23. Solanki, P.R.; Kaushik, A.; Agrawal, V.V.; Malhotra, B.D. Nanostructured metal oxide-based biosensors. NPG Asia Mater. 2011, 3, 17–24. [Google Scholar]
  24. Ibupoto, Z.H.; Ali, S.M.U.; Chey, C.O.; Khun, K.; Nur, O.; Willander, M. Selective zinc ion detection by functionalised ZnO nanorods with Ionophore. J. Appl. Phys. 2011, 110. [Google Scholar] [CrossRef]
  25. Ibupoto, Z.H.; Ali, S.M.U.; Khun, K.; Chey, C.O.; Nur, O.; Willander, M. ZnO nanorods based enzymatic biosensor for selective determination of Penicillin. Biosensors 2011, 1, 153–163. [Google Scholar]
  26. Lee, J.W.; Foot, R.S. Micro and Nano Technologies in Bioanalysis Methods and Protocols; Springer: New York, NY, USA, 2009; p. 168. [Google Scholar]
  27. Willander, M.; Nur, O.; Zaman, S.; Zainelabdin, A.; Bano, N.; Hussain, I. Zinc oxide nanorods/polymer hybrid heterojunctions for white light emitting diodes. J. Phys. D Appl. Phys. 2011, 44. [Google Scholar] [CrossRef]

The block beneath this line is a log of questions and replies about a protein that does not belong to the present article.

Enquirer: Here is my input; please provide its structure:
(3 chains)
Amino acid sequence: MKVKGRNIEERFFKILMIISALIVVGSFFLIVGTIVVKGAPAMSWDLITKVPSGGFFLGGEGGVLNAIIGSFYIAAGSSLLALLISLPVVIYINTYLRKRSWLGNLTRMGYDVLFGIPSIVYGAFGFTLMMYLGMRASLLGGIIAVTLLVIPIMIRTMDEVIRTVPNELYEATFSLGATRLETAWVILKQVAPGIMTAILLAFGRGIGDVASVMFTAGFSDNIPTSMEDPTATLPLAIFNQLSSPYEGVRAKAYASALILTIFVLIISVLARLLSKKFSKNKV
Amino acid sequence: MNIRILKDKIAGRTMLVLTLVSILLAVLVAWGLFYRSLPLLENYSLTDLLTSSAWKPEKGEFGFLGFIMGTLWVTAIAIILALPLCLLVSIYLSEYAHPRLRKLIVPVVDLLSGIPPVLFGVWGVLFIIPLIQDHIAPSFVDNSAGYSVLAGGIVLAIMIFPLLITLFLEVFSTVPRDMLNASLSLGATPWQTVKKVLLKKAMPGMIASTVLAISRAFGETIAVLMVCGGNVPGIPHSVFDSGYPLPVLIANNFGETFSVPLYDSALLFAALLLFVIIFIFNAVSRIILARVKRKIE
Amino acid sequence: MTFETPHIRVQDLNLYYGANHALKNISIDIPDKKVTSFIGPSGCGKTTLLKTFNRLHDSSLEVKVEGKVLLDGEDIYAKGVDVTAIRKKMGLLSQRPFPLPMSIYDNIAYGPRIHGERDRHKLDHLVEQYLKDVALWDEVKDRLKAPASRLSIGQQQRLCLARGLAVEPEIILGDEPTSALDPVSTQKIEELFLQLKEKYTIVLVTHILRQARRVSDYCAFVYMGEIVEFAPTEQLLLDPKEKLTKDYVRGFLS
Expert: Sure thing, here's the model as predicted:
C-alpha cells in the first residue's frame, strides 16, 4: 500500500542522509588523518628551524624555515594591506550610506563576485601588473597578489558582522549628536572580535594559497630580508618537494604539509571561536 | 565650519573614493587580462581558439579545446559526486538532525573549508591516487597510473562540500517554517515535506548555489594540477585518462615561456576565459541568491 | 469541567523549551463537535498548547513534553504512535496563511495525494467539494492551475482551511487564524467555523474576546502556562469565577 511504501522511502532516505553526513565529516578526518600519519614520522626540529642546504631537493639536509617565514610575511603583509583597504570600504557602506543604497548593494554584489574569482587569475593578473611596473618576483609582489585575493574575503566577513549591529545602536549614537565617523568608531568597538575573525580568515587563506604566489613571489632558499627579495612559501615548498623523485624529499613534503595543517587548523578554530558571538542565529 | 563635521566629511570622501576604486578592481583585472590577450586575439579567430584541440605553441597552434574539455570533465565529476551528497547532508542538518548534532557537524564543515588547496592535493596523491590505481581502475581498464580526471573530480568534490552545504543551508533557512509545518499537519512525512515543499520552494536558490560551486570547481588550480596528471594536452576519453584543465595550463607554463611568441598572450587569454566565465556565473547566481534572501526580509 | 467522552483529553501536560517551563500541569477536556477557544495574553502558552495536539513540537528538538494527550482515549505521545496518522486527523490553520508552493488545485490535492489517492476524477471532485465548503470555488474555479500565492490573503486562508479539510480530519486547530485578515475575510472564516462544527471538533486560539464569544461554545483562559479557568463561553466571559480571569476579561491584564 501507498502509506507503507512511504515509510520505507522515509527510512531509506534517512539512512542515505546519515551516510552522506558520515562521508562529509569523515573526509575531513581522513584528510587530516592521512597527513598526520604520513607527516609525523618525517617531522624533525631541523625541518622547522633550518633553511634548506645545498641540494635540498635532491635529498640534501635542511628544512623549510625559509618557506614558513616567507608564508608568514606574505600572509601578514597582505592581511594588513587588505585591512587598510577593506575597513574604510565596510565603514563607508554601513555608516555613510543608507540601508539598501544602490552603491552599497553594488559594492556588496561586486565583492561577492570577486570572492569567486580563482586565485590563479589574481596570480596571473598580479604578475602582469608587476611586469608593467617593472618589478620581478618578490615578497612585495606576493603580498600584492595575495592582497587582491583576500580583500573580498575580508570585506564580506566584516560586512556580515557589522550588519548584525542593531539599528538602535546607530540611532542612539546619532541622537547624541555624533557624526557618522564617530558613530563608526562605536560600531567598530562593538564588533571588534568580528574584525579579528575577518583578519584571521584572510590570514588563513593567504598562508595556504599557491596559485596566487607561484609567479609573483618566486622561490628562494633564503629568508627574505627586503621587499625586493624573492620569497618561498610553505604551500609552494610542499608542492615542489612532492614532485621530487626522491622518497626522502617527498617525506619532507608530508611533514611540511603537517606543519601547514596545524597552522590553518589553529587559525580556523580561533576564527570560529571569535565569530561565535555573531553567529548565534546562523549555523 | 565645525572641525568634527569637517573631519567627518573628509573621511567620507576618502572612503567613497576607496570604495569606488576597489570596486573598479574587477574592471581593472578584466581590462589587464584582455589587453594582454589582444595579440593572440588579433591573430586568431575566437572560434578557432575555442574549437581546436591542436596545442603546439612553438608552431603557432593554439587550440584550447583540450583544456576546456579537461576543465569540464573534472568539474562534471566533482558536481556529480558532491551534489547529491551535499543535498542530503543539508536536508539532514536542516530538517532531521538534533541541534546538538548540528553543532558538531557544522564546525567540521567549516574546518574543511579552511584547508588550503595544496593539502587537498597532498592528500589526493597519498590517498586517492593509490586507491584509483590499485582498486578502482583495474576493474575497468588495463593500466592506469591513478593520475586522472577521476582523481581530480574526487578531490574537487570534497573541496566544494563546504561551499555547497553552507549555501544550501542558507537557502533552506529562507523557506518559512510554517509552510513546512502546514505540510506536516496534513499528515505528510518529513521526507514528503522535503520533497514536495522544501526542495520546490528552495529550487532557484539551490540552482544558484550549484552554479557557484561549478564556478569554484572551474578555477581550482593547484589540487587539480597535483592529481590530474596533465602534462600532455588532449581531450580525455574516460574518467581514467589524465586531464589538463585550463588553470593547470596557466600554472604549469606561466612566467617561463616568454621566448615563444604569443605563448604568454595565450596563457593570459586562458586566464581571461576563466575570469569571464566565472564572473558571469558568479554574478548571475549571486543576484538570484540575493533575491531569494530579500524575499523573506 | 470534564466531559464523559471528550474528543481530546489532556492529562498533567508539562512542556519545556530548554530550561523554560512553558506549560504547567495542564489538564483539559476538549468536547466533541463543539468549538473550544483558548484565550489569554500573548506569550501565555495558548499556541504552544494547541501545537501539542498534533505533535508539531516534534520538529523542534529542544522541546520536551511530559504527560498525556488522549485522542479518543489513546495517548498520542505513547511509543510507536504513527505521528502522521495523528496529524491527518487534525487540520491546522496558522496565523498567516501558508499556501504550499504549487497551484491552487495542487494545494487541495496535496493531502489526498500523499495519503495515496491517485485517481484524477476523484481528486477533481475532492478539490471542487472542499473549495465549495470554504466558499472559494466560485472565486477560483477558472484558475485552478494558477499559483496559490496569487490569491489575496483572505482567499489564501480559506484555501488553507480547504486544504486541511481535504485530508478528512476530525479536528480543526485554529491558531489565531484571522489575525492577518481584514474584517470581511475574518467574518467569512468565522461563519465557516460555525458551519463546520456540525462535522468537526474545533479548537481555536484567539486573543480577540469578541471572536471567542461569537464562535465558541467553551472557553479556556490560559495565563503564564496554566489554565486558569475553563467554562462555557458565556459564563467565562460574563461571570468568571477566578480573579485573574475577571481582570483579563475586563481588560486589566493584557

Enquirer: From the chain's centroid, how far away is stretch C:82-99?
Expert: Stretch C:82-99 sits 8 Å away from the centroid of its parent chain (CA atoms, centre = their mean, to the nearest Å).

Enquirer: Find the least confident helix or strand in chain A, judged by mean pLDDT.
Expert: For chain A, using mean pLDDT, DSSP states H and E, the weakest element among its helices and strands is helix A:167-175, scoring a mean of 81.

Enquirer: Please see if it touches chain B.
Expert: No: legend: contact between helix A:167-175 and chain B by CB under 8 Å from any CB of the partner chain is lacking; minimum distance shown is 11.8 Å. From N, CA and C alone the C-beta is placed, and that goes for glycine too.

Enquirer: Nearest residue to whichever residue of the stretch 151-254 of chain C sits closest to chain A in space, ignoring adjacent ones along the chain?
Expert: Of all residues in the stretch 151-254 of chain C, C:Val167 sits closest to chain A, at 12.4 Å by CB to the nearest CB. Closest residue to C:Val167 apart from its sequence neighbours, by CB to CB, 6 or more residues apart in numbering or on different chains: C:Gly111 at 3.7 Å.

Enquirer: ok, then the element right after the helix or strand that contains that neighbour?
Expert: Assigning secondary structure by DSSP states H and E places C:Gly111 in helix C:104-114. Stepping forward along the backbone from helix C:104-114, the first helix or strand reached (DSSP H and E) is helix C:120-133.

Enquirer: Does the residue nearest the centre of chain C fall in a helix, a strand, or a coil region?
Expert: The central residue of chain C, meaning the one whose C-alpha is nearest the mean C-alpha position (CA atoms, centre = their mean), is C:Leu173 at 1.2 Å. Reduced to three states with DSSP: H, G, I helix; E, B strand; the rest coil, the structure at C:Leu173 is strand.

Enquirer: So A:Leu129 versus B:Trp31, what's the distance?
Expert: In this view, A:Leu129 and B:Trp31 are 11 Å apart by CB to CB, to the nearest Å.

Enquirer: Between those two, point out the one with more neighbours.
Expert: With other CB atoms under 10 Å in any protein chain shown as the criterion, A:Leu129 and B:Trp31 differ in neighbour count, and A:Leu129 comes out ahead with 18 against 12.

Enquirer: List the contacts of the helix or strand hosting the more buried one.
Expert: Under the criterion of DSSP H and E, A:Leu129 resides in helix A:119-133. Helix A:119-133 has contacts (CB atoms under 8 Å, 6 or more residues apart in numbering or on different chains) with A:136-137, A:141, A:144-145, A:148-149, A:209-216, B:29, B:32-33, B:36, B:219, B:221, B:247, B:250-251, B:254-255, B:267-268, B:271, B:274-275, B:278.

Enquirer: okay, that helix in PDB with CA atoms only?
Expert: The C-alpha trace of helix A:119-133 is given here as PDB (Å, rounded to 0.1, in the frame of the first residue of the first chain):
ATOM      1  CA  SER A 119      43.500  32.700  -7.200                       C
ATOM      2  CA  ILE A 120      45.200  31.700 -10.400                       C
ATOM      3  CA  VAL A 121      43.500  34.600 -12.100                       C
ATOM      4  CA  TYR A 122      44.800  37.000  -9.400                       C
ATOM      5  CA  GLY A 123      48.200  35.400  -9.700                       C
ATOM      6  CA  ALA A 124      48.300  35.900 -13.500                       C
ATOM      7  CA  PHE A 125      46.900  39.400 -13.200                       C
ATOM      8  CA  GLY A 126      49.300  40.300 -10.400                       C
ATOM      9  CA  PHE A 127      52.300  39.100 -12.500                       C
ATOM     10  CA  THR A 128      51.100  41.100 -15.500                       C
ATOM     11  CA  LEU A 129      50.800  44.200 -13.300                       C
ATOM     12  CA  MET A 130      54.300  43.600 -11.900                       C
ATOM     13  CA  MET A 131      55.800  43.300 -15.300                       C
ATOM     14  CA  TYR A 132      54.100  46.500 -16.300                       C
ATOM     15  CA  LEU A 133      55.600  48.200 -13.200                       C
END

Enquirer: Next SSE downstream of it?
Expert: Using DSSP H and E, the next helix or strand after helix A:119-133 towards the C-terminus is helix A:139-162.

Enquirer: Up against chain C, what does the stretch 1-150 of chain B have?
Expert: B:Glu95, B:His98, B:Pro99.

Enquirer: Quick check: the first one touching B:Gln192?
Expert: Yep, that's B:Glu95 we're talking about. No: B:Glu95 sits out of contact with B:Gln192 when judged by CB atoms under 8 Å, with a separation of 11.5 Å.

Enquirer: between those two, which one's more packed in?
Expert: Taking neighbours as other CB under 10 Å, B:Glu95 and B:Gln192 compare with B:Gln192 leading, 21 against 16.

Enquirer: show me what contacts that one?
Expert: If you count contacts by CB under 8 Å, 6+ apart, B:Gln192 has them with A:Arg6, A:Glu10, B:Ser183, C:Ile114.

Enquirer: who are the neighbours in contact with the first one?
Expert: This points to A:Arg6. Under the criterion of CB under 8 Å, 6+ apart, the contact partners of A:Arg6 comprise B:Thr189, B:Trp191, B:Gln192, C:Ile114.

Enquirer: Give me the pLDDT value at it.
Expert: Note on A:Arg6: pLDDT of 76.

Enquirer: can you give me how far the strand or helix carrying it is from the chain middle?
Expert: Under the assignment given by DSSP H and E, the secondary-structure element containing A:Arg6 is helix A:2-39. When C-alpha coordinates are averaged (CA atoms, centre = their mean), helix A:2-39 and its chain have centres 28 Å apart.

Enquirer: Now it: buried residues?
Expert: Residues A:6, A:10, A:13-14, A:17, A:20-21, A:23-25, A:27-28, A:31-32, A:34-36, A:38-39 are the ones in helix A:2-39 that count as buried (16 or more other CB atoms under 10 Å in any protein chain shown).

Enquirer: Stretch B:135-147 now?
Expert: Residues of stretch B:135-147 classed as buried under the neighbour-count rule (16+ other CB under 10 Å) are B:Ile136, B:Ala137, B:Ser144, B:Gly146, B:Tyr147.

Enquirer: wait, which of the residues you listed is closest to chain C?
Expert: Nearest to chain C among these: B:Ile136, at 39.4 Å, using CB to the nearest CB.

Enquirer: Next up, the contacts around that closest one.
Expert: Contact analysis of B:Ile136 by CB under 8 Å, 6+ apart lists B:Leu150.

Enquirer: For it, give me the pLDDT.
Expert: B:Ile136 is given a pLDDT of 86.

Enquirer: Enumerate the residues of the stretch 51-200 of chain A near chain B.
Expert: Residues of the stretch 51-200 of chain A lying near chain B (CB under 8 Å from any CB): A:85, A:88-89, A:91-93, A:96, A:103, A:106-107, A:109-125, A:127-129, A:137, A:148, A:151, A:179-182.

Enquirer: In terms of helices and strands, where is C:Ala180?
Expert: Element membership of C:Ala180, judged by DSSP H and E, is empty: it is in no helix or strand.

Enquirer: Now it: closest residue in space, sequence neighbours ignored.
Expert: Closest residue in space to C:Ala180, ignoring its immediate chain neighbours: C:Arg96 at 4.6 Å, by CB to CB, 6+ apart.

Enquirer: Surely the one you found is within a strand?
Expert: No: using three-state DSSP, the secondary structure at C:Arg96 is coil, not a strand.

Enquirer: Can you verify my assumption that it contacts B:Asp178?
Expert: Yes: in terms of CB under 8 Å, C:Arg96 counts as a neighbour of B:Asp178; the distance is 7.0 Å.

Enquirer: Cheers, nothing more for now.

28. Greene, L.E.; Law, M.; Goldberger, J.; Kim, F.; Johnson, J.C.; Zhang, Y.; Saykally, R.J.; Yang, P. Low-temperature wafer-scale production of ZnO nanowire arrays. Angew. Chem. Int. Ed. 2003, 42, 3031–3034. [Google Scholar]
  29. Li, Q.; Kumar, V.; Li, Y.; Zhang, H.; Marks, T.J.; Chang, R.P.H. Fabrication of ZnO nanorods and nanotubes in aqueous solutions. Chem. Mater. 2005, 17, 1001–1006. [Google Scholar]
  30. Wang, H.S.; Pan, Q.X.; Wang, G.X. A biosensor based on immobilization of horseradish peroxidase in chitosan matrix cross-linked with glyoxal for amperometric determination of hydrogen peroxide. Sensors 2005, 5, 266–276. [Google Scholar]
  31. Chey, C.O.; Ali, S.M.U.; Ibupoto, Z.H.; Khun, K.; Nur, O.; Willander, M. Potentiometric creatinine biosensor based on ZnO nanowires. J. Nanosci. Lett. 2012, 2, 24. [Google Scholar]